Special Random Variables

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Special random variables are special types of distributions. They are found to be common in real life distributions.

Contents

Distributions

The following distributions can be used to calculate probabilities in different experimental trials. Most of these formulas can be found on the formula sheet.

Binomial

Binomial distributions are used for random experiments that involve discrete results or either success or failure.
It is represented as:

X ~ Bin(n, π)

The probability function for binomial distributions is:
Binomial PMF.PNG
where:

n = number repetitions of the experiment
X = number of successes
π = probability of a success
E(X) = nπ
Var(X) = nπ(1-π)

Example:

If a shaft manufacturer produces shafts of a certain tolerance, with a probability of being off of tolerance at 0.5%, what is the probability of having to throw out more than 2 shafts in a batch of 100.
It can be seen that the sample size if 100 and the probability is 0.005, therefore:
X ~ Bin(100, 0.005)
P(X>=2) = 1 - (P(X=0) + P(X=1))
= 1 - (100C0 * 0.0050 * 0.995100 + 100C1 * 0.0051 * 0.99599 = 0.0898

Hypergeometric

Hypergeometric distributions are similar to binomial distributions, with the difference that the past trial affected the probability of the second trial.
It is represented as:

X ~ Hyp(N, k, n)

The probability function for hypergeometric distributions is:
Hypergeometric PMF.PNG
where:

X = successes from the sample
k = successes in a sample space
n = size of the sample
N = size of the sample space
E(X) = nk/N
Var(X) = (nk/N)*(1 - k/N)*((N-n)/(N-1))

Example:

A gear box requires that at least 9 of the 10 gears be in tolerance to function adequately. If the fitter chooses the 10 gears from a selection of 100, with 80 of those gears in tolerance, what is the probability of the gear box functioning?
It can be seen that the size of the sample space, N, is 100, and the functioning gears, k, is 80. We need to select n gears, being 10 for the gear box, giving:
X ~ Hyp(100, 80, 10)
P(X>=9) = P(X=9) + P(X=10)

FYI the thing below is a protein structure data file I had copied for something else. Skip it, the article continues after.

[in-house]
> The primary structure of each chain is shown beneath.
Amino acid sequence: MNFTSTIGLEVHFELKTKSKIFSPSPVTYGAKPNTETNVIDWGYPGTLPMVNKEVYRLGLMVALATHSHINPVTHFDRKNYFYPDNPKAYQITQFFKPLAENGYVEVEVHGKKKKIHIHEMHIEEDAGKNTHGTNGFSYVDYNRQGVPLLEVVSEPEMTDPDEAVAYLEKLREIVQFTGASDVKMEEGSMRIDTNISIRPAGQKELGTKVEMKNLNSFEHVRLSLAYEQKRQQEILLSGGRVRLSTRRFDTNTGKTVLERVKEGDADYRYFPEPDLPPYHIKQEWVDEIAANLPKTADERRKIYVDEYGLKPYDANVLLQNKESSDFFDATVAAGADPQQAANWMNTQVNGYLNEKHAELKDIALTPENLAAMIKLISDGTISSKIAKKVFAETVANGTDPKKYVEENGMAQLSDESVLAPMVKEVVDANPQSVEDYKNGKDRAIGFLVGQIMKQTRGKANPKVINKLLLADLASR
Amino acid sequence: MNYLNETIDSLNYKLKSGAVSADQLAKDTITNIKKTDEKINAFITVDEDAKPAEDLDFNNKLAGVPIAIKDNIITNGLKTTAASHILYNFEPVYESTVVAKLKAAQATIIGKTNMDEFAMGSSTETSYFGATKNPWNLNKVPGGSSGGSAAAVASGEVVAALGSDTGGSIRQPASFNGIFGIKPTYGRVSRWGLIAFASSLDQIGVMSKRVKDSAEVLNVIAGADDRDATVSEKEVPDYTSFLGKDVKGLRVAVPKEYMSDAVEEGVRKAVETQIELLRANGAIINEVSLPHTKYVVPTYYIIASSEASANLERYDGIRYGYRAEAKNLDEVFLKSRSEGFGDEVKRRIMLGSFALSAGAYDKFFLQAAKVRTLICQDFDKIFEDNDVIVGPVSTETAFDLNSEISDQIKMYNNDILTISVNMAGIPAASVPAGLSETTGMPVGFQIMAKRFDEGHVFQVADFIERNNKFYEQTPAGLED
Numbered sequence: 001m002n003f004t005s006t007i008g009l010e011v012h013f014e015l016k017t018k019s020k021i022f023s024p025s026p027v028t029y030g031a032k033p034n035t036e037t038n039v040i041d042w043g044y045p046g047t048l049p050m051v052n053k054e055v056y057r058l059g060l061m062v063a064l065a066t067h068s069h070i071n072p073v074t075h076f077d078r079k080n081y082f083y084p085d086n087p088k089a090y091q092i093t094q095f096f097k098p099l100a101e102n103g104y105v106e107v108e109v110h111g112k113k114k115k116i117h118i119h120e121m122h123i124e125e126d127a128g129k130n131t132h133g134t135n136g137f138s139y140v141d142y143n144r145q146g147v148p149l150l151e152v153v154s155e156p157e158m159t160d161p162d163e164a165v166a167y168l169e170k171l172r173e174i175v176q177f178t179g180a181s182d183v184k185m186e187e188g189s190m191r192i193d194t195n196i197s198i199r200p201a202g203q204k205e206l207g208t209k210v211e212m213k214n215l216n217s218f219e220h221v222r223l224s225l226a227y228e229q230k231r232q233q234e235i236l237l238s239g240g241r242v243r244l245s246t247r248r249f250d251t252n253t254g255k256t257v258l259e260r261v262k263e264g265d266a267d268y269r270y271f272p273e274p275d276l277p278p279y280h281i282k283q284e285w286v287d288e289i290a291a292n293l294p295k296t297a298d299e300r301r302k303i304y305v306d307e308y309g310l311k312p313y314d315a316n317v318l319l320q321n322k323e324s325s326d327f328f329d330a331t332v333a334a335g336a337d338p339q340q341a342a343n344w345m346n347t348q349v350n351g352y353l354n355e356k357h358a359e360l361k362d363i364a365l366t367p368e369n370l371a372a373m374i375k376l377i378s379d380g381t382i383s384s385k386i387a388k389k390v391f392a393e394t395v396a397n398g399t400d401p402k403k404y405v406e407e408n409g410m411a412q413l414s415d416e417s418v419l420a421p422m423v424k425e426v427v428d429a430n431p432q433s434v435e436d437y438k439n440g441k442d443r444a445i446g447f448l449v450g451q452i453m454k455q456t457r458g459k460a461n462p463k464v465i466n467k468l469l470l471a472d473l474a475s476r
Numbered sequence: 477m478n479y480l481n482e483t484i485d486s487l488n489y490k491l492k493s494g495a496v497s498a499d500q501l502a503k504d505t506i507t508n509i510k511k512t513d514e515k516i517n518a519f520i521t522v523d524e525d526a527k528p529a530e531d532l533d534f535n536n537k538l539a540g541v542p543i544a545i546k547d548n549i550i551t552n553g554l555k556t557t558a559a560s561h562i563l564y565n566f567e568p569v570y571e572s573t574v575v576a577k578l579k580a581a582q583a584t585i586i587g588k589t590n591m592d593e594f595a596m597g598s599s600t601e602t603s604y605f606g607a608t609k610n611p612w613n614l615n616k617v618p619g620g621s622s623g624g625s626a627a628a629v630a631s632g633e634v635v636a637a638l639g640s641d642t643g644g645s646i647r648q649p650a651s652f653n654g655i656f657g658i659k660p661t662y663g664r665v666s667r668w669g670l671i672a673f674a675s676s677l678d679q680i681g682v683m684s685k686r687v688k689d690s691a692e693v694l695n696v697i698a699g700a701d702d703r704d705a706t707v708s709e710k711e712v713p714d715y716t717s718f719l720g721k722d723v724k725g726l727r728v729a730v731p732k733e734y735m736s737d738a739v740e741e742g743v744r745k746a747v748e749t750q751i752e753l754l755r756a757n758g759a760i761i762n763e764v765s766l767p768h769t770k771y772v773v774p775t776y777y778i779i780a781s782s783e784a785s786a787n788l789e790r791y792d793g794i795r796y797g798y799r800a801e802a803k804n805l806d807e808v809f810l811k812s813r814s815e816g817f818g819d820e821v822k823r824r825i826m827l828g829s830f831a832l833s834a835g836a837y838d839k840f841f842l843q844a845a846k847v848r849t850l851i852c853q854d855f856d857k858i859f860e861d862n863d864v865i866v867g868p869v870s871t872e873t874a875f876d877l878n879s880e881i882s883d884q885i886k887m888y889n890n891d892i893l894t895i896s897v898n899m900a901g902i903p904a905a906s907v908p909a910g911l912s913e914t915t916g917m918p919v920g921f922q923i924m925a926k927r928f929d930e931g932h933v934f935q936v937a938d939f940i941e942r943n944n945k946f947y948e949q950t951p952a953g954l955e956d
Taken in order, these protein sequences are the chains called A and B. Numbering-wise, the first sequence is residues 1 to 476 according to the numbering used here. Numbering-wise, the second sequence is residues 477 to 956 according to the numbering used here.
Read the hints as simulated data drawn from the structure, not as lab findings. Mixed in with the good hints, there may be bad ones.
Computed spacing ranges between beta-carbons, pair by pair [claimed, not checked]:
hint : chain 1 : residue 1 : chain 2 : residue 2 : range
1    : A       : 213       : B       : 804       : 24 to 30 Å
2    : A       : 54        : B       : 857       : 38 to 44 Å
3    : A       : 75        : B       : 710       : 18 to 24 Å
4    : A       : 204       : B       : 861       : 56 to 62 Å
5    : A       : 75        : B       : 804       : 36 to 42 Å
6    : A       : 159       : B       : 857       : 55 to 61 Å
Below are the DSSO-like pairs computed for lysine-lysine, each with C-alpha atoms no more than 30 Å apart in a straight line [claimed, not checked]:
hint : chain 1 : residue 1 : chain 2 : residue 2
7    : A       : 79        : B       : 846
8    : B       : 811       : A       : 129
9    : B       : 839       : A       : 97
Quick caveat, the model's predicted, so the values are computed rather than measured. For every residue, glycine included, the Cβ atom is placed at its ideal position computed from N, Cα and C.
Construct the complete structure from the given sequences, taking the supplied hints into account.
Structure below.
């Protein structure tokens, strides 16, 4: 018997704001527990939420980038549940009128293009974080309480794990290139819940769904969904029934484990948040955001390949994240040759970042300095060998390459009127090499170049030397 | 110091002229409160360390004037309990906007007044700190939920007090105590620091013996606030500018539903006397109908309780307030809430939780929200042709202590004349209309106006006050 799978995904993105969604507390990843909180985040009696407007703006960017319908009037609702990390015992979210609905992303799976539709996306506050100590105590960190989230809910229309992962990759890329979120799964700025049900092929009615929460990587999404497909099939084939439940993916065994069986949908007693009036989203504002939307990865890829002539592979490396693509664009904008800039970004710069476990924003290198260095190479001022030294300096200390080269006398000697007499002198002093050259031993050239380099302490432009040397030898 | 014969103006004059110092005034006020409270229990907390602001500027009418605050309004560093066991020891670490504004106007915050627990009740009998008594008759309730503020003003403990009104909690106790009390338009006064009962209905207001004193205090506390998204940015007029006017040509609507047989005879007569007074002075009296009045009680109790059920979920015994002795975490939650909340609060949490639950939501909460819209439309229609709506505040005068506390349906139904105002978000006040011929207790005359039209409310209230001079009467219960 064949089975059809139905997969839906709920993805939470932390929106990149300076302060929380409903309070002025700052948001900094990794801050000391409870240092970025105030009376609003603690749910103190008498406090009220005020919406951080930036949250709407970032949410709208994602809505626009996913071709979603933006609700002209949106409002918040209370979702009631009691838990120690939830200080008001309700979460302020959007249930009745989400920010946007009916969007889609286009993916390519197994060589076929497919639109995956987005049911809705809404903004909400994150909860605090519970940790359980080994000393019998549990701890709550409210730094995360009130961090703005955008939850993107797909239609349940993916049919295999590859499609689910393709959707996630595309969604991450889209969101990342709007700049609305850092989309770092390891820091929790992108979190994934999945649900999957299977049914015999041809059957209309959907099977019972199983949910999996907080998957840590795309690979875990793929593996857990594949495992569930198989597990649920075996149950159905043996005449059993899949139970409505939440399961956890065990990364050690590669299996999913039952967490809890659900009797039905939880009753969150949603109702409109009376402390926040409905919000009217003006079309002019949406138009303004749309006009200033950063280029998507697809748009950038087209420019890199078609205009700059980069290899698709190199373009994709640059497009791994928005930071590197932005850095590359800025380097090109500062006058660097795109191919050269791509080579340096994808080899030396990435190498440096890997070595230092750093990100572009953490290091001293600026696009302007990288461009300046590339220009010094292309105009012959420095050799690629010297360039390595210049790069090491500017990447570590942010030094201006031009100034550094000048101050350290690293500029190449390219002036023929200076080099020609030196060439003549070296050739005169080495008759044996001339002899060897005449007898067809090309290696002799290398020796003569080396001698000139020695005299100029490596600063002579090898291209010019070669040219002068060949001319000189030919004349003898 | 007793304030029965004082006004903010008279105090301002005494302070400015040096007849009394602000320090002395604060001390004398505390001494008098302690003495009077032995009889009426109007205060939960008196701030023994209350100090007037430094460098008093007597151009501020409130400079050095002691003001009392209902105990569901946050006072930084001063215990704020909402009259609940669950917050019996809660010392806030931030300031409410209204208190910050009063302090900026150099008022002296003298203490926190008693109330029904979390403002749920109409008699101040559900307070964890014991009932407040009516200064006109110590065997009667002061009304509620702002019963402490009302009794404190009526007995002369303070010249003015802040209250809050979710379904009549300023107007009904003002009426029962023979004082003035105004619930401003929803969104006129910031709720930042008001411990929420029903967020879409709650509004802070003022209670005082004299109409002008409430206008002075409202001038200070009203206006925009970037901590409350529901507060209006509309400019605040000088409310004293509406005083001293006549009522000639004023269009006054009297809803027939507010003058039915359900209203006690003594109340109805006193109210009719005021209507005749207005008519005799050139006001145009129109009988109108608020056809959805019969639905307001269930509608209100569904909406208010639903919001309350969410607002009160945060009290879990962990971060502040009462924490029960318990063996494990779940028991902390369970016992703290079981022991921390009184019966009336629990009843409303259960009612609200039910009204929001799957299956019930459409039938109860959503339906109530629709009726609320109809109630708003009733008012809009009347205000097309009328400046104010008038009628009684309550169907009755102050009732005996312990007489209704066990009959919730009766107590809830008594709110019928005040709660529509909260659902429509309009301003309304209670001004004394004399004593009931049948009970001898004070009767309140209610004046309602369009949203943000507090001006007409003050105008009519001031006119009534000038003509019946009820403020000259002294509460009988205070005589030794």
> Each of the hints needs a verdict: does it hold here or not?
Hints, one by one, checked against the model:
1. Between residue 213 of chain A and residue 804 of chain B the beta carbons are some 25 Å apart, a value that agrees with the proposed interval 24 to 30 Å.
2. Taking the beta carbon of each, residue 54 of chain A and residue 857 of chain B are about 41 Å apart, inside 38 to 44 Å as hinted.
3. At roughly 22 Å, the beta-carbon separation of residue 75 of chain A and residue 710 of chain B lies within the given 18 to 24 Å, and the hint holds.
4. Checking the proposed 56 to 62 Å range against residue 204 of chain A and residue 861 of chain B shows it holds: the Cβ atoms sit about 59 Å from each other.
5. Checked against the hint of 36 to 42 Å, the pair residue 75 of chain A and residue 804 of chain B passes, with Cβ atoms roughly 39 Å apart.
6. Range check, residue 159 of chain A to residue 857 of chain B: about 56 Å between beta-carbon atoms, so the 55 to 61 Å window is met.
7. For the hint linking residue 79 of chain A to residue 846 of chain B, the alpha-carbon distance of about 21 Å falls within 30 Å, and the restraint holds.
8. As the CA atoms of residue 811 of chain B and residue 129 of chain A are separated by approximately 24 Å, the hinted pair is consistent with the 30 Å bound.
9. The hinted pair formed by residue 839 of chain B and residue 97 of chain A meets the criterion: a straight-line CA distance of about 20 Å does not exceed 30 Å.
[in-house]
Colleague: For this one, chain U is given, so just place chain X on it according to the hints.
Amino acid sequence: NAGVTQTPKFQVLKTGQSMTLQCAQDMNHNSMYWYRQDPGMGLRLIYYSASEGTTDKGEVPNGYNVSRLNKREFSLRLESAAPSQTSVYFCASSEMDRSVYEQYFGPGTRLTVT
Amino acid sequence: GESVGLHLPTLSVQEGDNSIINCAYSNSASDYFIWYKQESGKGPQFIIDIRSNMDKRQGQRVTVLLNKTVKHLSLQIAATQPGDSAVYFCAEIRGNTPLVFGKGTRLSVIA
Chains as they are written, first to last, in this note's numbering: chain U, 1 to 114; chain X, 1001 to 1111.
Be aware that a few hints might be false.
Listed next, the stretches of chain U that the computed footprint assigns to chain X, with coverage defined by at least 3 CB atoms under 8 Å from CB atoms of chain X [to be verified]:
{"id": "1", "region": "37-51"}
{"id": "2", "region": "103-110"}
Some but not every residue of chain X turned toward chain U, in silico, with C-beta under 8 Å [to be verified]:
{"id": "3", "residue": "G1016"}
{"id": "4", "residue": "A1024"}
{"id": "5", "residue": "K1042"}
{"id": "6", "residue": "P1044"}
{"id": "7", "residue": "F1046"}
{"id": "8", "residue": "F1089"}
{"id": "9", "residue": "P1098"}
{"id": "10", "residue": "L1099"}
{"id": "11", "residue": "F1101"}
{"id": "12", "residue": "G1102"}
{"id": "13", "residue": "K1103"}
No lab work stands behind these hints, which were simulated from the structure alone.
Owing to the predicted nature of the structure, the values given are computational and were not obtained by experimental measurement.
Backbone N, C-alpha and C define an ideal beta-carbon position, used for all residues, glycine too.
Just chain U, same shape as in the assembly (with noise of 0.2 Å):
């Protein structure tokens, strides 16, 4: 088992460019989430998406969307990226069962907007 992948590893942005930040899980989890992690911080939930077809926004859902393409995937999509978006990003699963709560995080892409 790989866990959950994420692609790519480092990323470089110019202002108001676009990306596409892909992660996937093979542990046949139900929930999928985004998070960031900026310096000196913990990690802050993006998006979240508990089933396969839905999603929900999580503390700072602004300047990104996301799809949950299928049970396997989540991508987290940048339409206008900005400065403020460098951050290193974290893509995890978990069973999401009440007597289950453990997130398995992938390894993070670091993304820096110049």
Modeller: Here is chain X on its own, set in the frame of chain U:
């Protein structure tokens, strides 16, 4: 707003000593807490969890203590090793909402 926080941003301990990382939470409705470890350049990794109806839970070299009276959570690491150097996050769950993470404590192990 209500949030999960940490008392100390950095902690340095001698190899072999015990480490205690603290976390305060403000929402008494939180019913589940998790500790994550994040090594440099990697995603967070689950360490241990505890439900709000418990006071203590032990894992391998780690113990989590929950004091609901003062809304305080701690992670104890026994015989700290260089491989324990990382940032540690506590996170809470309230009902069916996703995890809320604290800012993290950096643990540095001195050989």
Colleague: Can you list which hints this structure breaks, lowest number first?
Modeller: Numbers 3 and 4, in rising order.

= ((80C9)*((100-80)C(10-9)))/(100C10) + ((80C10)*((100-80)C(10-10)))/(100C10) = 0.363


Poisson

The poisson distribution involves using the mean of the distribution to find the probability of observing certain discrete observation.
It is represented as:

X ~ P(λ)

The probability function for poisson distributions is:
Poisson PMF.PNG
where:

λ = mean of the distribution
X = number of occurrences
E(X) = λ
Var(X) = λ

Example:

If the average number of ibises seen during a day at university is 4.6, what is the probability that there would be no ibises seen on the following day of university?
X ~ P(4.6)
P(X=0) = exp(-4.6)*(4.60)/0!
= 0.01


Uniform

The uniform distribution involves a linear distribution of probability between the intervals α and β.
It is represented as:

X ~ U[α,β]

The probability function for uniform distributions is the integral of the following function, where the limits of the integral is the time of the occurrence of the observations:
Uniform PDF.PNG
Or between subintervals a and b:
P(a<X<b) = (b-a)/(β-α)
where:

α = start of interval
β = end of interval
a = start of subinterval
b = end of subinterval
E(X) = (α + β)/2
Var(X) = (β - α)2/12

Example:

A passenger arrives at a train platform between 5pm and 6pm, where the trains arrive every 10 minutes. What is the probability that the passenger has to wait less than 3 minutes to catch a train?
X ~ U[0,60]
P(7<X<10)+ P(17<X<20) + P(27<X<30) + P(37<X<40) + P(47<X<50) + P(57<X<60)
= (3+3+3+3+3+3)/60 = 0.3


Exponential

The exponential distribution is one that allows the calculation of the probability of an event occurring over a certain amount of time. It is represented as:

X ~ Exp(λ)

The probability function for exponential distributions is the integral of the following function, where the limits of the integral is the time of the occurrence of the observations:
Exponential PDF.PNG
where:

λ = mean of sample space
E(X) = 1/λ
Var(X) = 1/λ2

Example:

On average, 5 stray cats wonder into a backyard a day. What is the probability that there would be a cat in the backyard less than 10 minutes after scaring another cat off?
X ~ Exp(5)
P(X<10) = Integral.png (from 0 to 10/1440) 5*exp(-5x) dx
= 1 - exp(-5/144) = 0.034


End

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